The committee was further informed that in case of rejection, law gives the provision that another plea could be filed within 7 days on fresh grounds, adding that the causes of refusal are not usually mentioned in the order, which create problems for the applicant.

NCHR member Muhammad Shafiq stated 27 cases of death penalty are still pending. Discussing the Juvenile cases, the committee was informed that under the latest legislation, age of the child should be determined at the time of the filing of a case to avoid any complication at a later stage. The committee was informed that a new law has been passed by the National Assembly, which will soon be tabled in the Senate.

The committee also recommended the cases of around 40 accused apprehended in the Youhanabad church incident in Lahore 3 years ago should be transferred from anti-terrorism court to other routine courts.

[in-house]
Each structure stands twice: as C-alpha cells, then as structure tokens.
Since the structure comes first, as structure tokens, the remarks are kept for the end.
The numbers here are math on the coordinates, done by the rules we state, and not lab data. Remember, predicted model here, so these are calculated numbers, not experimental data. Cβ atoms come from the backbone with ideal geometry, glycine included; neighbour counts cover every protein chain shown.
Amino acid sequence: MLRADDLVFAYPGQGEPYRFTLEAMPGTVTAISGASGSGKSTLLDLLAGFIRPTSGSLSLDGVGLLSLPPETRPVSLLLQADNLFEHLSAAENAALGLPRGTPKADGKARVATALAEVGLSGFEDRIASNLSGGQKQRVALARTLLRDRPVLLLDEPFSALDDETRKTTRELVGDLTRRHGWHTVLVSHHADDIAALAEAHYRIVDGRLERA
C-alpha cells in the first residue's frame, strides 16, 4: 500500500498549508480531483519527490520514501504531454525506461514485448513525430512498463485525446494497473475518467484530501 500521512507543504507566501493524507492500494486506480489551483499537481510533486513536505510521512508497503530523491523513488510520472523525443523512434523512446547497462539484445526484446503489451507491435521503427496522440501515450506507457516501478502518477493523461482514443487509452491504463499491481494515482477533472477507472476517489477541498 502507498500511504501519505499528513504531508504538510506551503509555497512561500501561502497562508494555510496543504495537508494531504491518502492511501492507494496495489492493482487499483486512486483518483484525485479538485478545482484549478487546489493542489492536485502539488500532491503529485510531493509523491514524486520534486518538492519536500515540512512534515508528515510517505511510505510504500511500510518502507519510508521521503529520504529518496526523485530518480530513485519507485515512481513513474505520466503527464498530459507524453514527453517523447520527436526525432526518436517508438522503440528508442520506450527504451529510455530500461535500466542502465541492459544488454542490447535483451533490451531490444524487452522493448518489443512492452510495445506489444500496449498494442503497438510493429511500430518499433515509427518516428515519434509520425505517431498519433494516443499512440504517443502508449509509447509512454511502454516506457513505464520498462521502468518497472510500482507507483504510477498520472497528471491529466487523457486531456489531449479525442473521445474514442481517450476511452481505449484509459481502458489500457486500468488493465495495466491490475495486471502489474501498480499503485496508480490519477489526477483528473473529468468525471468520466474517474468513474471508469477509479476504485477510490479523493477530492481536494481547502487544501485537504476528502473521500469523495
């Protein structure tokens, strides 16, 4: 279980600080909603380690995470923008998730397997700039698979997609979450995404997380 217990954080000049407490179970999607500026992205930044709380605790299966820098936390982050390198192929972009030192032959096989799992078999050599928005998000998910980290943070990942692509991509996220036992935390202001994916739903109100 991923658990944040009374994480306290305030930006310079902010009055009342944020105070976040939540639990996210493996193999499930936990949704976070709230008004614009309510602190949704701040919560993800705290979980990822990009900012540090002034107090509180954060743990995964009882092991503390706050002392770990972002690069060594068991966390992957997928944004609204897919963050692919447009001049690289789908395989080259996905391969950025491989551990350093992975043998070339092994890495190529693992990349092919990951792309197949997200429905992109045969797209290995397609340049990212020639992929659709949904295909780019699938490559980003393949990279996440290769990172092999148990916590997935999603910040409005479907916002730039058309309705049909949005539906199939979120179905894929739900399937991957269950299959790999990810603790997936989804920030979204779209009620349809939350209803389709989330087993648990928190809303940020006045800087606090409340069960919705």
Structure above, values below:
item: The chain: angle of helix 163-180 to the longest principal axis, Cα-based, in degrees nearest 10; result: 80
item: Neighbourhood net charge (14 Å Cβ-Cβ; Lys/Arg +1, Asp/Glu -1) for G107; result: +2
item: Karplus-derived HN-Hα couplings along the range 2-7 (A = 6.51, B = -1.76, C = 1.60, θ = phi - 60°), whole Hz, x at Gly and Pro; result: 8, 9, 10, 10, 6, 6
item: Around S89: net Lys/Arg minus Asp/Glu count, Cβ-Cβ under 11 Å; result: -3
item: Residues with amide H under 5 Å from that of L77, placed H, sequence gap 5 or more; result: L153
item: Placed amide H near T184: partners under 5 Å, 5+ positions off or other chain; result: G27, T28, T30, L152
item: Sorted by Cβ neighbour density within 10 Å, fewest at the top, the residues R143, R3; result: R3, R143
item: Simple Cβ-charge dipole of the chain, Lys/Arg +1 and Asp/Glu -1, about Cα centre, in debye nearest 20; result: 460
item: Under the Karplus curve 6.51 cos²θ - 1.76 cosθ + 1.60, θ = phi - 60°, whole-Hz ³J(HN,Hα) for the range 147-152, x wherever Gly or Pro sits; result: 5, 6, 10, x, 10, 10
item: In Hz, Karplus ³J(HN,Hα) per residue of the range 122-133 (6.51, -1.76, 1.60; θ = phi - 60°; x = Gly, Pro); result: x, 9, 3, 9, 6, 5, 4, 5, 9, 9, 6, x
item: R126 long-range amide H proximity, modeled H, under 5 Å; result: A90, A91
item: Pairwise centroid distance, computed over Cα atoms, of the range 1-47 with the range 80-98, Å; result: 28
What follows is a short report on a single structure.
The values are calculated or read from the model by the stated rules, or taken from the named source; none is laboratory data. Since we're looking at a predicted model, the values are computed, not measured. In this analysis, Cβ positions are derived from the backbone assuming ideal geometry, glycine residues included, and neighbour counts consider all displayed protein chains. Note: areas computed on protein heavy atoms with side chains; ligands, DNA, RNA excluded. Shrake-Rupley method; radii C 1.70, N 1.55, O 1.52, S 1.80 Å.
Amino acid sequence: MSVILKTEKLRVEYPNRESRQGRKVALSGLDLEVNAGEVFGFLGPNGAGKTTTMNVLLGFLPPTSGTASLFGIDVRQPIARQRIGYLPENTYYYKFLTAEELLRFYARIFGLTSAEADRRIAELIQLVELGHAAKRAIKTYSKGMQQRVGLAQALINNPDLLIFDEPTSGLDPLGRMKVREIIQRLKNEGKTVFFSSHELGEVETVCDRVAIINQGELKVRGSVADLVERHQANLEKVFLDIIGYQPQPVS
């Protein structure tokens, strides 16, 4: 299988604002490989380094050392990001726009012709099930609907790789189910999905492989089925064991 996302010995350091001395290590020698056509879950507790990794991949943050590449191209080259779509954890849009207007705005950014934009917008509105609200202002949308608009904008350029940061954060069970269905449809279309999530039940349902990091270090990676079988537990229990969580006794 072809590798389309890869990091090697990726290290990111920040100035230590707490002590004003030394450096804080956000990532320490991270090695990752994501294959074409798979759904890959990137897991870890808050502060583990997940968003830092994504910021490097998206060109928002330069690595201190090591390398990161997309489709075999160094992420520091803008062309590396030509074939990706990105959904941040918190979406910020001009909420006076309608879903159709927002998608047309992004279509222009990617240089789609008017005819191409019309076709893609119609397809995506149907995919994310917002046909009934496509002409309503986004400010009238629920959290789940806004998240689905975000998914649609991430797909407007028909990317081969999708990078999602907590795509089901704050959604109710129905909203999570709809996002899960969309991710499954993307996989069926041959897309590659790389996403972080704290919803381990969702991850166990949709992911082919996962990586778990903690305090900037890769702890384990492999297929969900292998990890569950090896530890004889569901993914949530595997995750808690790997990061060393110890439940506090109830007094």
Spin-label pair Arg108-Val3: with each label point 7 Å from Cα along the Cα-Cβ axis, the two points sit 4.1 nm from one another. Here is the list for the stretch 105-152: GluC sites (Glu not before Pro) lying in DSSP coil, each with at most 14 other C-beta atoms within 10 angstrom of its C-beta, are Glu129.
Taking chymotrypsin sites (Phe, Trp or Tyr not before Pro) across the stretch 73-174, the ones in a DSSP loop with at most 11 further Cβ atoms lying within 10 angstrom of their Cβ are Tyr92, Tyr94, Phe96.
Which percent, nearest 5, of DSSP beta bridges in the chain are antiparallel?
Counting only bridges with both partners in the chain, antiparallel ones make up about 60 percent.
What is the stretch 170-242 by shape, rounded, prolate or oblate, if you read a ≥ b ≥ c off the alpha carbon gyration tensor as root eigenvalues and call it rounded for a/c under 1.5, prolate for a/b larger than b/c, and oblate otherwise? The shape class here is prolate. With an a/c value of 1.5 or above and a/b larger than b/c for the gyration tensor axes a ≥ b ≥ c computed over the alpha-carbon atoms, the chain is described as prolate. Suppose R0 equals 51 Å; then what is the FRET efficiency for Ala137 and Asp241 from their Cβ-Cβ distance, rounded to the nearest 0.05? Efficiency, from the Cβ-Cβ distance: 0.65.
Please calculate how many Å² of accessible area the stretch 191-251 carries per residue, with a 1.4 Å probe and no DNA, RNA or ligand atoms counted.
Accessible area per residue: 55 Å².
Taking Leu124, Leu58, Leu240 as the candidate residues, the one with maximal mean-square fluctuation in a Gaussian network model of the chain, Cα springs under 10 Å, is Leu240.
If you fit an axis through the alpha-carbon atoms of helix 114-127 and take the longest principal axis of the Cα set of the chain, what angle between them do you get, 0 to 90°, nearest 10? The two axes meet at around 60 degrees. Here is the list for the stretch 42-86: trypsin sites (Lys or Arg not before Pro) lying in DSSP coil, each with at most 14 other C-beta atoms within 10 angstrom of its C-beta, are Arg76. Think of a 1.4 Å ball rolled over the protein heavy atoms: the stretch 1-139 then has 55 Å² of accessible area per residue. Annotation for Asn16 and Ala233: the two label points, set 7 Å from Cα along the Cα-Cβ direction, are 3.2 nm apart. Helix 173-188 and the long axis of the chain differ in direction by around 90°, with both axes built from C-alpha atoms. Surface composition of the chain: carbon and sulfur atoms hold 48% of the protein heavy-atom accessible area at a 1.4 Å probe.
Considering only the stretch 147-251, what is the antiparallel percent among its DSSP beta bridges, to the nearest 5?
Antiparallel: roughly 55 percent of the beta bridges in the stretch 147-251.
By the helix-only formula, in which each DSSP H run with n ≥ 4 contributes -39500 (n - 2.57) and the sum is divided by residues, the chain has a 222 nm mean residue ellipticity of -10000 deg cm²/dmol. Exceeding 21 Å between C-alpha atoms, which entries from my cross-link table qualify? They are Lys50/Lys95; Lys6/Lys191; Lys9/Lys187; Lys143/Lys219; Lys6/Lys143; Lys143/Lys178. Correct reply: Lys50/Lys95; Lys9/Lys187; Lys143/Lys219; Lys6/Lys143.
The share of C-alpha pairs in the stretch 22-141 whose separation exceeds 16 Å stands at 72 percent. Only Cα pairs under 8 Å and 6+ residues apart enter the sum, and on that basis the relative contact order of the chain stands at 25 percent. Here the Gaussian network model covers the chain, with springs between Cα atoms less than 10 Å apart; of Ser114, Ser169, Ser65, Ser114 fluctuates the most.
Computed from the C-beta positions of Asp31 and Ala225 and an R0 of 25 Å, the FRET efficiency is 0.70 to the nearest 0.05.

The meeting was attended by senators Farhat Ullah Baber, Mufti Abdus Sattar, Muhammad Mohsin Khan Leghari and Mir Kabir Ahmed Muhammad Shahi, officials of Punjab police, representative of National Commission for Human Rights and officials of ministries of human rights and law and justice.

(source: The Nation)

***************

Senate body for simplifying procedure for filing death penalty mercy petition



A Senate Functional Committee on Human Rights on Tuesday recommended to simplify the procedure for filing mercy petitions against death penalties with the President, aimed at providing relief on humanitarian grounds.

The panel also asked for forming an executive committee with the representation of all stakeholders, including National Commission for Human Rights, Ministry of Law and Justice and Ministry of Human Rights to see the complaints before sending those to the President.